They chalked up miles of smiles along the way
From his home in West Des Moines, Iowa, last week, Jason Flogel said he was excited to run his first Boston Marathon wearing bib No. 41, meaning he would rub shoulders with other elites from around the world — only 40 of whom were ranked ahead of him.
“I’m from Iowa,’’ he had said. “I don’t get to race these guys all the time.’’
Flogel, one of the runners randomly chosen by Boston Athletic Association executive director Guy Morse to have their stories told in the Globe, did more than just race alongside the elites yesterday: The 27-year-old Web developer edged ahead of many of them, turning in a personal best of 2:21:51 to secure 26th place.
“It was a great day for a race,’’ Flogel said. “It was a very new experience walking out with all the other elites. It was kind of overwhelming.’’
Flogel was familiar with running long distances in the Midwest, where he’s completed five marathons, but he appreciated the atmosphere of Boston, particularly the cowbells that kept him going just after Wellesley College. Whereas other marathons draw crowds of supporters at the start and finish lines, “it was awesome to have the crowd all along the course,’’ he said.
“It seemed to be much more of a marathon-friendly city,’’ he said. “From that aspect, it made it fun.’’
While Flogel said he “could’ve dealt with a little less wind,’’ the toughest challenges of the race — particularly the Newton hills — were about what he expected. He conquered Heartbreak Hill by keeping his head down.
With his eyes on the Olympic trials, Flogel said he has no current plans to return to Boston but hasn’t counted it out. For now, he’s just happy with yesterday’s result.
“Everyone says it’s a hard course to run fast,’’ he said. “I’ll take a personal best whenever I can.’’
He hoped to run under the three-hour mark, but he couldn’t be disappointed with a personal record, especially when the course’s difficulty exceeded his expectations. The downhills in Newton were particularly tough, he said.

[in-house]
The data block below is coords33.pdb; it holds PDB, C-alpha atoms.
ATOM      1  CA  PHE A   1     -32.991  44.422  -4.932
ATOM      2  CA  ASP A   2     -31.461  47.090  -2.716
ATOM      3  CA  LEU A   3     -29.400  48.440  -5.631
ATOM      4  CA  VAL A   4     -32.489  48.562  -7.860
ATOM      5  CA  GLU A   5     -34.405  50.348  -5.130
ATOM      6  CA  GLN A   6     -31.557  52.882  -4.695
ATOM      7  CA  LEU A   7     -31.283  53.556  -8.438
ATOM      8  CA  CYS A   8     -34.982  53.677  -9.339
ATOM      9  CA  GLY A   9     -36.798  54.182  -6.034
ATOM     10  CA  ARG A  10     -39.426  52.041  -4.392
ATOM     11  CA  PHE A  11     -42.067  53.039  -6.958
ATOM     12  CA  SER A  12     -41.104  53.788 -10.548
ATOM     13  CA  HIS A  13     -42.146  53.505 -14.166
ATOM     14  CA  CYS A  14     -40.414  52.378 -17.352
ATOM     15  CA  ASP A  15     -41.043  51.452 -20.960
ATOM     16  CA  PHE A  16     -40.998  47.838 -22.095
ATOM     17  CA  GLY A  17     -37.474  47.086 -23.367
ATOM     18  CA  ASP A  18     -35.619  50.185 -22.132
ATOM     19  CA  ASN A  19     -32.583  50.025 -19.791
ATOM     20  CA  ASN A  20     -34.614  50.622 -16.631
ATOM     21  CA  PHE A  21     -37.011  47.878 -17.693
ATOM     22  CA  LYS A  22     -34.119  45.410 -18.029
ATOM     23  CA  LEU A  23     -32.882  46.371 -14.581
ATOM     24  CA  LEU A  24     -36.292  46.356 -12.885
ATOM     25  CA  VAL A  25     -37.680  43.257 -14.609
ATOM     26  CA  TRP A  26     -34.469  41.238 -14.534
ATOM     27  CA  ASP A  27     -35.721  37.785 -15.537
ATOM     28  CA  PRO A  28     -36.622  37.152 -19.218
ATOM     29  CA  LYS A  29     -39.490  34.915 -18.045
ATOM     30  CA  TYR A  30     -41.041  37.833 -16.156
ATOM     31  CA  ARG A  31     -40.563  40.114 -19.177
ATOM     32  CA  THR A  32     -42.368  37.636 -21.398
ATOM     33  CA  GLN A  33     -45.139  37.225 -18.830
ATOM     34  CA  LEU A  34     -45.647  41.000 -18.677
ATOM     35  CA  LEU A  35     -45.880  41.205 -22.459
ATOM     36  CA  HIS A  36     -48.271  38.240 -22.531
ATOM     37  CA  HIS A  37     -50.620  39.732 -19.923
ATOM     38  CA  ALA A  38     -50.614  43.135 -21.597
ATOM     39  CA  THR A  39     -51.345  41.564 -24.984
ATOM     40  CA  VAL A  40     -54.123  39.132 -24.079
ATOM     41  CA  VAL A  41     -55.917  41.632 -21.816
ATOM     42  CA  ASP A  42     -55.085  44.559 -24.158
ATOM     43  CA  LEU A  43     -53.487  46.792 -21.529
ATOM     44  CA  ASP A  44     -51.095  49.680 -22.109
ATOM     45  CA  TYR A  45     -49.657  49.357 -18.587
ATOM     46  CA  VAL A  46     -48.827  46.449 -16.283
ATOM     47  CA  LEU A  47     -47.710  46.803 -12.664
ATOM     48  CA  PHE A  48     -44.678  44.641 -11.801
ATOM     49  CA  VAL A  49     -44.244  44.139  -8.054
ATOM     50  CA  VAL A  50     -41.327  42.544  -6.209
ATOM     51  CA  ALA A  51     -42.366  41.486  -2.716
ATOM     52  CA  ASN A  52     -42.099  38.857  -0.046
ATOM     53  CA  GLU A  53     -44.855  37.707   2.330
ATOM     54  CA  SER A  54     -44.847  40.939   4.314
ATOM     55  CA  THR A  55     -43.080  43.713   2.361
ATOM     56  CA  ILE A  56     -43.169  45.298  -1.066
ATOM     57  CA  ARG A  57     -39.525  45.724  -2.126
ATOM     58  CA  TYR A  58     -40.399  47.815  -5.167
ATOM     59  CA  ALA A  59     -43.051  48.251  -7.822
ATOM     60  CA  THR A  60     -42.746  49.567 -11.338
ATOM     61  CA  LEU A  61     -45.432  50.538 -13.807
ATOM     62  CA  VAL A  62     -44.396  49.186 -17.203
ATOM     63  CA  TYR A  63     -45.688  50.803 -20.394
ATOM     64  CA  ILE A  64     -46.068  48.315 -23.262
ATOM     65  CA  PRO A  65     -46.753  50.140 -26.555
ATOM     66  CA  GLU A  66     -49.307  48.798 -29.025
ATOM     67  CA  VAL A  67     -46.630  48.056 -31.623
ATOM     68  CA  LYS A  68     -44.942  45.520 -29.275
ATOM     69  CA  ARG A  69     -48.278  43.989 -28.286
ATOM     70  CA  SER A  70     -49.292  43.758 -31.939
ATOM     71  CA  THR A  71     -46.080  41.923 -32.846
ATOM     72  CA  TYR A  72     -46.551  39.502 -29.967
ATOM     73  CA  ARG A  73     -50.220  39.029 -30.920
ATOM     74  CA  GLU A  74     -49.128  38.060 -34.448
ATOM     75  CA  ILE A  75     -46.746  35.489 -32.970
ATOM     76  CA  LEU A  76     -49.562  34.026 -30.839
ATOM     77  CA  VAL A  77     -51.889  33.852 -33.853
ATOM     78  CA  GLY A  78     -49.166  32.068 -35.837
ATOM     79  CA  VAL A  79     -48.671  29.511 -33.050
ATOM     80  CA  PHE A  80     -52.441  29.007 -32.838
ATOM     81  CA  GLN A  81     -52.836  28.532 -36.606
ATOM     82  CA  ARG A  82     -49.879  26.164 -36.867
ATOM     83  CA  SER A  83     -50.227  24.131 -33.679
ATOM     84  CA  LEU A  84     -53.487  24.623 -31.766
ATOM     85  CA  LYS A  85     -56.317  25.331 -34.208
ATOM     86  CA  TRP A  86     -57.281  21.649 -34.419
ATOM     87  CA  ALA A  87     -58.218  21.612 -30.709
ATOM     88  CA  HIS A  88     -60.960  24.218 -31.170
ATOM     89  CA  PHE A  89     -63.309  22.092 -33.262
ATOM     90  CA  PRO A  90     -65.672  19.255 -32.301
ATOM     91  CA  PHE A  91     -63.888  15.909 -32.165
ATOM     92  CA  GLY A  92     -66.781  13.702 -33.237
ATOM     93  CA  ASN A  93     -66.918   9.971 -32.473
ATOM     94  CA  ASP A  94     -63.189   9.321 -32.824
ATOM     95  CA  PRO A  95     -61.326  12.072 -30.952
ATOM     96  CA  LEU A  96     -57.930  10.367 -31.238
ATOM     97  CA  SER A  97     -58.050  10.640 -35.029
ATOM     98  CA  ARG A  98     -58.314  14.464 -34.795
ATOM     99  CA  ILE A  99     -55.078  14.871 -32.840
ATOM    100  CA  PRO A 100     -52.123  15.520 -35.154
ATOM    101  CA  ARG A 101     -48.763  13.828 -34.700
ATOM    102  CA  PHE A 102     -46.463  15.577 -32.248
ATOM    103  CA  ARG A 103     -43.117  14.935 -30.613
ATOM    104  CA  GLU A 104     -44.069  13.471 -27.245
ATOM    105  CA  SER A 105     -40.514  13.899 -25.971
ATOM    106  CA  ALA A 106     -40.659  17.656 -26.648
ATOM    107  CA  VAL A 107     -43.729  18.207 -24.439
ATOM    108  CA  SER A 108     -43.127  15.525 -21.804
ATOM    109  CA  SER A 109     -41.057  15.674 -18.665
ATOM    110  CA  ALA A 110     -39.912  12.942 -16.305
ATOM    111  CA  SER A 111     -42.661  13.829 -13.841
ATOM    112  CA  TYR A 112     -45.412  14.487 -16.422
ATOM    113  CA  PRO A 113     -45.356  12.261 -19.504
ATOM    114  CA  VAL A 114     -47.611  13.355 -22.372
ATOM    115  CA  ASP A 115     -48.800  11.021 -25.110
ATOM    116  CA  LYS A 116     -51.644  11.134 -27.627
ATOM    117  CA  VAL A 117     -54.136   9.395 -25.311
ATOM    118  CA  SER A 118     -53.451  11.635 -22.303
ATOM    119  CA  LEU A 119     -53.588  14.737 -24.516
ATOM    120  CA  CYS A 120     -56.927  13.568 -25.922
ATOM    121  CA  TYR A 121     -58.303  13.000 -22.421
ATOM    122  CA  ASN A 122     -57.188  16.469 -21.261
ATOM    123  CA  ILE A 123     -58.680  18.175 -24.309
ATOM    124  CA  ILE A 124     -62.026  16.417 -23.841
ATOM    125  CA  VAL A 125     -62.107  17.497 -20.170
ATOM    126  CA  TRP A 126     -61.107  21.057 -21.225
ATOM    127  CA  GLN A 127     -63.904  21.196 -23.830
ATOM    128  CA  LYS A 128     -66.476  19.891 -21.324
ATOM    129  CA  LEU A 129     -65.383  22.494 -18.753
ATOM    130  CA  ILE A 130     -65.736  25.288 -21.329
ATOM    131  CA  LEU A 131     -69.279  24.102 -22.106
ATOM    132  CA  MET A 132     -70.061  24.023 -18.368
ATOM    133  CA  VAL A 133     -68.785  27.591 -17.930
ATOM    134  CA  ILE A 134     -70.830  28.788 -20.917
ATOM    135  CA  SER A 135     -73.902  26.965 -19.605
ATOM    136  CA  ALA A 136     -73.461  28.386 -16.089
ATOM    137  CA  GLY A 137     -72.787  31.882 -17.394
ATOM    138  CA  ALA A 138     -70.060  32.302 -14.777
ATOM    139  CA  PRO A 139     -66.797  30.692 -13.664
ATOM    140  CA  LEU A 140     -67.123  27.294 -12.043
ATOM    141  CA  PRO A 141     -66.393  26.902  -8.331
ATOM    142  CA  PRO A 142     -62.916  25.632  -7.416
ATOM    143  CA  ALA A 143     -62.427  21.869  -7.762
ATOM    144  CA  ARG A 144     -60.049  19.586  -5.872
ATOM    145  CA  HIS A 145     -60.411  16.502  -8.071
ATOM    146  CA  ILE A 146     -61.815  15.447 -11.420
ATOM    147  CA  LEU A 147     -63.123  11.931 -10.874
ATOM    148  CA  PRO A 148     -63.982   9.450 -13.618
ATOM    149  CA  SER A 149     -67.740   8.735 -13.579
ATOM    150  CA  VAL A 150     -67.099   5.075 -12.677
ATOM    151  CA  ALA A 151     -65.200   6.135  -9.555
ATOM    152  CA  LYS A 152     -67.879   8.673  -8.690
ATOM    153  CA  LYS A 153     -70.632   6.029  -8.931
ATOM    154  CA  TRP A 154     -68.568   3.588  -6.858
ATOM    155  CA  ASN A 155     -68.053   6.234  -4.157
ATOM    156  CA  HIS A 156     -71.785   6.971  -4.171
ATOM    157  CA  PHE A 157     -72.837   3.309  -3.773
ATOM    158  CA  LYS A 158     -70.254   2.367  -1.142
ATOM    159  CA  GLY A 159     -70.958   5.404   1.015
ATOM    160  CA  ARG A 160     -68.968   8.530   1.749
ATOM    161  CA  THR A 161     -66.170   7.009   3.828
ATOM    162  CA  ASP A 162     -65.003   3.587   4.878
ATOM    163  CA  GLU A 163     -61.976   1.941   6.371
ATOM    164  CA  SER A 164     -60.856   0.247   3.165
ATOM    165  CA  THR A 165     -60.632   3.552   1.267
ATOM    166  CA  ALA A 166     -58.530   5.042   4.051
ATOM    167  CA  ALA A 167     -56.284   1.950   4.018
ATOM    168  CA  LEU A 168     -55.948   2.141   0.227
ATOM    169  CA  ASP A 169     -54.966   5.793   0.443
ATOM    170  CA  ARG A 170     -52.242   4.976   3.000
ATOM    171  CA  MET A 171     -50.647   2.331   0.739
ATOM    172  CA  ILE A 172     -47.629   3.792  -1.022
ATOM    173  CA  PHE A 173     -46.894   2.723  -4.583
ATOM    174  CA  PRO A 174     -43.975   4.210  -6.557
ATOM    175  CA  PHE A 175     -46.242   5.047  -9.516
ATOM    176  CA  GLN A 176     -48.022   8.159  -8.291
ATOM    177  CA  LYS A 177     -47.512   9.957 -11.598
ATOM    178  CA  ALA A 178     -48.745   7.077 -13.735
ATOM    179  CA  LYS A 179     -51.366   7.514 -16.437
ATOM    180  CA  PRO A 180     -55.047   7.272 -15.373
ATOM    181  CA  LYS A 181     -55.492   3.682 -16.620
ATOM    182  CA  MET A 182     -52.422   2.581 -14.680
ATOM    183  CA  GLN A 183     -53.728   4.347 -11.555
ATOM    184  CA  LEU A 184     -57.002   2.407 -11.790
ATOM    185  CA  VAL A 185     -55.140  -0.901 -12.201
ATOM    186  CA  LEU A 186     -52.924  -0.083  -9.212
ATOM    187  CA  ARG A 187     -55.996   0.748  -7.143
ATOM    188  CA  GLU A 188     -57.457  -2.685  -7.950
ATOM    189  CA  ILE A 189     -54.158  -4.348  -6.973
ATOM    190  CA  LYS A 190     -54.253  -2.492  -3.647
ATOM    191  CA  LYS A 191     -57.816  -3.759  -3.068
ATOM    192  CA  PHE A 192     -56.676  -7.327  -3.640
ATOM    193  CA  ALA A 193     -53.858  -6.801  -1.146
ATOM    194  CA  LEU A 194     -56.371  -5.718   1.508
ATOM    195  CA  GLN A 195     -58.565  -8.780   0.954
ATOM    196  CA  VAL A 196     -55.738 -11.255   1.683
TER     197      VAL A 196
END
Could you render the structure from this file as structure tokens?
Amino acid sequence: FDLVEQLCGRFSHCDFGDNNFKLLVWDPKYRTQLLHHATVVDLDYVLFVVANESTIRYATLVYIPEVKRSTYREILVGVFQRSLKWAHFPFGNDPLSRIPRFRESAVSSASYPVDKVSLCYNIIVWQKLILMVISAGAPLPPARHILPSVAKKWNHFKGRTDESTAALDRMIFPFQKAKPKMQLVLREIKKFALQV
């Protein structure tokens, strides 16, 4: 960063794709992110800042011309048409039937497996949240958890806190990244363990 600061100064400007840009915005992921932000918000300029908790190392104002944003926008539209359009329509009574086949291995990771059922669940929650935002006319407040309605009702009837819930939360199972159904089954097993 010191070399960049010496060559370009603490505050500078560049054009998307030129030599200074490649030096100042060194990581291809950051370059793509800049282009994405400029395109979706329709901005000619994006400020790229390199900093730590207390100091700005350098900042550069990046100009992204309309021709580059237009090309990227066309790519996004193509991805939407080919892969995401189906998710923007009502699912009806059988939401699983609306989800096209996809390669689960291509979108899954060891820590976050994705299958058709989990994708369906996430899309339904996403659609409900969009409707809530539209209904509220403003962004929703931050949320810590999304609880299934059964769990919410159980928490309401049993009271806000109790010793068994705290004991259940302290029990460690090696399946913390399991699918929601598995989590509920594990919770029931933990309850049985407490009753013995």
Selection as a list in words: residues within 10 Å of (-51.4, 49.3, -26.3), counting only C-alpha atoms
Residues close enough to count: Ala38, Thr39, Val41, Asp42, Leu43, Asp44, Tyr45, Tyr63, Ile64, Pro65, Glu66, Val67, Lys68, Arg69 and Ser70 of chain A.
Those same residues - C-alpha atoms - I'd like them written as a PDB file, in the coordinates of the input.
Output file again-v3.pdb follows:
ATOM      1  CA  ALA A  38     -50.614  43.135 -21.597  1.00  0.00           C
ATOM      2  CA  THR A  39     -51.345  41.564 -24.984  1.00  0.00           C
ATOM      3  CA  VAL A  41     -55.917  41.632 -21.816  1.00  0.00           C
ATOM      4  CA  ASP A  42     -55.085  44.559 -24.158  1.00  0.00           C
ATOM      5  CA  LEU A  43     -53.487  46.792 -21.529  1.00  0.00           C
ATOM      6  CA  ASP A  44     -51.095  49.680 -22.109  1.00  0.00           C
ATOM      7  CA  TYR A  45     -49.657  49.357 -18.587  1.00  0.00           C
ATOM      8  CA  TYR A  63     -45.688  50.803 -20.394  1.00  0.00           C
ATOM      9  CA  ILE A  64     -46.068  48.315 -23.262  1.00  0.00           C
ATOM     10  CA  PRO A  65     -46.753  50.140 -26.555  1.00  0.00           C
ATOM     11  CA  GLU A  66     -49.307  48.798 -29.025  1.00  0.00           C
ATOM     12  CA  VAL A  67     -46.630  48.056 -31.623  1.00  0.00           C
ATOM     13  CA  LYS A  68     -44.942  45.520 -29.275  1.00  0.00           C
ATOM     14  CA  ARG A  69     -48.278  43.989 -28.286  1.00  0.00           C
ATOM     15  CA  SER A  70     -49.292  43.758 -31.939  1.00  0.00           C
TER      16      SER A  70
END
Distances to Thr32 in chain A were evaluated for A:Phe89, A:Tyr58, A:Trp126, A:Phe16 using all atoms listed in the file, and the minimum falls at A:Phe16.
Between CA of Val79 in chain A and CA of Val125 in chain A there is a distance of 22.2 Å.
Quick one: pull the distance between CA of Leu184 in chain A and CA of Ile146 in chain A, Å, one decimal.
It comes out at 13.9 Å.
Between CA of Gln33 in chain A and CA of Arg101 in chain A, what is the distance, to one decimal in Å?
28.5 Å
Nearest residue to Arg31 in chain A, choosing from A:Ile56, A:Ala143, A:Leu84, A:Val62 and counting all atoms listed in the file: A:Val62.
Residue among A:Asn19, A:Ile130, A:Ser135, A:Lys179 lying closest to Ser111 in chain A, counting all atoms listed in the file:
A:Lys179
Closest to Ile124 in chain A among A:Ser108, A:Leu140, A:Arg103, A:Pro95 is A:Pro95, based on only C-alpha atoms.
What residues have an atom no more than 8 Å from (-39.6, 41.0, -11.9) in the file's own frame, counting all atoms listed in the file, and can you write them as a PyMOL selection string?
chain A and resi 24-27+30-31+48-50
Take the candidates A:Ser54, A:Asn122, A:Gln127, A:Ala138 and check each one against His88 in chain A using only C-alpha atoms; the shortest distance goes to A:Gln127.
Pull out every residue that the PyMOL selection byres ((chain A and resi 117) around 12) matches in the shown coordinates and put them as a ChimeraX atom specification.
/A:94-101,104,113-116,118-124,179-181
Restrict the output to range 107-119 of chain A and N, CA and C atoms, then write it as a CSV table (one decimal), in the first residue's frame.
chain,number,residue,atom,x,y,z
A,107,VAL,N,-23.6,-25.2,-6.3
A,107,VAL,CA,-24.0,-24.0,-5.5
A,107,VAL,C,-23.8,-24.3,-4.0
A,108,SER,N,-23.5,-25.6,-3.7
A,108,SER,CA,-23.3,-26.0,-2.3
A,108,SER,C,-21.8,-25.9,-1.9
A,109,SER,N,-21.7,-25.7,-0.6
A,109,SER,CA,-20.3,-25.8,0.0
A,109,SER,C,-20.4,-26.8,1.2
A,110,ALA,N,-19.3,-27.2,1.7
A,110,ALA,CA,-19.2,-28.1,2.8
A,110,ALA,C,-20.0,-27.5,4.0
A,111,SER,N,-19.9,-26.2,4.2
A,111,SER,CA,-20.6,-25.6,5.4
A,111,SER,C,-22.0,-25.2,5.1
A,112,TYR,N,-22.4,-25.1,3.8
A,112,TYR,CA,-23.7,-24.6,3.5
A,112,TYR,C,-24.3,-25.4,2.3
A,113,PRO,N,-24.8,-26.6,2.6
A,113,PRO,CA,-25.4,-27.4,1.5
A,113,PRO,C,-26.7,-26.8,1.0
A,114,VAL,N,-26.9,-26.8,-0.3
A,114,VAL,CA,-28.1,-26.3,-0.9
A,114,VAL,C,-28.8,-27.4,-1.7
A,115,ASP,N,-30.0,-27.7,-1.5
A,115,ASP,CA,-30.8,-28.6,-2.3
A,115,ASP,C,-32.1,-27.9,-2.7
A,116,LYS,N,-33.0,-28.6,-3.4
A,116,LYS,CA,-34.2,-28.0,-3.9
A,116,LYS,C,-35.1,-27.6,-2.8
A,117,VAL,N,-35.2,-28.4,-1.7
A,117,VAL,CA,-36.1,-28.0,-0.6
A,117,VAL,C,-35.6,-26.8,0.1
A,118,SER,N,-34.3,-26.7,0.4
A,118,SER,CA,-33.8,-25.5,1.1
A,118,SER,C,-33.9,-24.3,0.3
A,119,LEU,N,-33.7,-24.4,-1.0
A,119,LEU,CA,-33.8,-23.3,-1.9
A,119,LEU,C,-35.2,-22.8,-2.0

“I was not expecting them,’’ he said. “They just trashed your quads. Every step, every stride I was just praying that I wasn’t going to clinch up.’’
Part of the reason his quads held out, he said, was the support of volunteers and spectators.
“The crowd is just nonstop people, nonstop clapping, nonstop cowbells, nonstop cheering,’’ he said. “That adrenaline will take you a long way in a race like that.’’
Przystas will be back in Michigan today after completing the second leg of a two-car, 12-hour drive back from Boston with his girlfriend and their families. If he runs Boston again, he said, he would run a slower pace to enjoy the sights and sounds.
“I saw a lot of cool things today,’’ he said. “The racers had a lot of cool personalities. It’s unique, and that’s why it’s the best marathon I think that I’ve ever done.’’
“I thought the weather was beautiful, it really cooperated,’’ she said. “The crowds are just great, everyone cheers you on. There was a lot of excitement along the course.’’
Jessup, 47, said the notorious hills, especially in Wellesley, haven’t gotten any easier since her first two Boston Marathons, but a loudspeaker encouraging runners after Heartbreak Hill was particularly helpful.
“For them to be announcing that for all the runners all the way through, it boosts your spirits,’’ she said. “I appreciated it today.’’
Admiring the scenery along Commonwealth Avenue also added some kick to her step, she said, while a tailwind around the last curve pushed her home.
“I really enjoy all the old architecture — all those houses are just gorgeous,’’ she said. “I could really keep my mind off the pain when I was looking at all that.’’